There’s one way to make the inevitable Surface Phone an instant success.
- February 21, 2018 12:00PM EST
Microsoft is doing its best to convince people it is out of the phone business. However, a handful of tech writers and pundits suspect Microsoft will introduce a Surface Phone sometime soon.
Microsoft recently announced an end for support of old Windows Phones. Everything having to do with the phone, including its useful “find my phone” feature, will be kaput. Get over it and move on, Redmond seems to be saying.
Don’t roll your eyes, but I think this is all proof that Microsoft has a Surface Phone waiting in the wings.
First of all, Microsoft has to be prominent in the phone market because that’s where the action is. It has tried and failed several times, first with smartphone games, then with Windows Phone. Third time’s the charm?
The demise of the current Windows Phone is simply Microsoft’s effort to move on. It cannot afford to have a bunch of Windows Phone users demanding upgrades or replacement phones.
Microsoft should swap out remaining Windows phones with Surface phones. It tells users that you never lose when you pick a Microsoft product, and it would seed the new phone into the market overnight.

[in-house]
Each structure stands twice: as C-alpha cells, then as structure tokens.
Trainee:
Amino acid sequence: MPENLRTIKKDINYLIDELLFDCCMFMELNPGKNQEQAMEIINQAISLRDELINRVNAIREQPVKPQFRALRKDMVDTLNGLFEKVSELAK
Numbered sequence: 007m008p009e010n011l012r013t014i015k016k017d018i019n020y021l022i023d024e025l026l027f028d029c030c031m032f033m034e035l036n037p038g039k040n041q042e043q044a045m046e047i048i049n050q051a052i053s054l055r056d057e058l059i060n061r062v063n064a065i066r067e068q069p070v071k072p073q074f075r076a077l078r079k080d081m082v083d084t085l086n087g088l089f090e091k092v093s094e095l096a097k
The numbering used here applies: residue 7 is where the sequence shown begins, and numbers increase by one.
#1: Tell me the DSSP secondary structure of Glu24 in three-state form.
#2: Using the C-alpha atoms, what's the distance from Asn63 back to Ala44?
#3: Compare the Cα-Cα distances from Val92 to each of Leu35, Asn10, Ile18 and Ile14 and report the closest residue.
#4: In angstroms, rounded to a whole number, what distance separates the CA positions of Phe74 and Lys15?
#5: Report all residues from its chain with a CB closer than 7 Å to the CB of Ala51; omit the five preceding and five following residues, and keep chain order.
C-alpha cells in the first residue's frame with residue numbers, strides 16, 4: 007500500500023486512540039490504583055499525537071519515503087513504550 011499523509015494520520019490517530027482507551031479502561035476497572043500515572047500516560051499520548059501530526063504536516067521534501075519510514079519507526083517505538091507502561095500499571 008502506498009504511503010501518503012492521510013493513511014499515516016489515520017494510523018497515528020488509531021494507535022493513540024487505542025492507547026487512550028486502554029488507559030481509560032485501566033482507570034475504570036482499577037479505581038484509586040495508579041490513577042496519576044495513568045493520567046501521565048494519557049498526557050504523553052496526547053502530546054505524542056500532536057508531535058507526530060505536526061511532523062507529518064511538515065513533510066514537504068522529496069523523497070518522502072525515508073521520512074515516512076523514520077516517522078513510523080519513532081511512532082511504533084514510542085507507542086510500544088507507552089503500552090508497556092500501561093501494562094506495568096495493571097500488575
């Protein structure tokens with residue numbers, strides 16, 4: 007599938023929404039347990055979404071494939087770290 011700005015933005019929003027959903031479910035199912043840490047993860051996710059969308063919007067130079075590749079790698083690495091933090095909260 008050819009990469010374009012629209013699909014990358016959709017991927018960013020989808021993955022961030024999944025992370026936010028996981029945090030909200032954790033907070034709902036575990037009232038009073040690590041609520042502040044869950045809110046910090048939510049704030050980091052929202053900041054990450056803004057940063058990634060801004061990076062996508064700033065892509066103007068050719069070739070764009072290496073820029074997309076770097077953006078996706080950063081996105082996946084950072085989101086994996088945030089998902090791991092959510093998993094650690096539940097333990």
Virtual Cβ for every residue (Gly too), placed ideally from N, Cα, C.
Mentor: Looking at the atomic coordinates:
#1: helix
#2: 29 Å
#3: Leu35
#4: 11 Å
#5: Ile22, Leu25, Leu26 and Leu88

Somewhere along the line, Microsoft lost both these simple marketing skills. For example, I could never get a Windows Phone review unit from Microsoft. Few others did either. But if the company announced a 1:1 swap for an “upcoming new product,” that would start a buzz. When is the last time you ever heard any real advance buzz for anything Microsoft was doing? The latest thing in the wind is Office 2019 and how it will be the last standalone, cloudless version you will ever be allowed to buy. What kind of buzz is that?
It’s possible I’m completely off-base. Maybe the company will just give up on the booming mobile market because it cannot compete. A weird choice, but not impossible.
My current inclination, which helps explain these announcements regarding the Windows Phone, is that Microsoft will pull a rabbit out of a hat and go back to its tradition of “embrace and extend” via the most powerful marketing tool it ever developed: technology licenses.
In this case, it would mean taking out an Android license and adding special Windows features to the UI, offering the Windows experience plus access to Android apps. With that, you might witness a line outside a Microsoft Store. Wouldn’t that be something?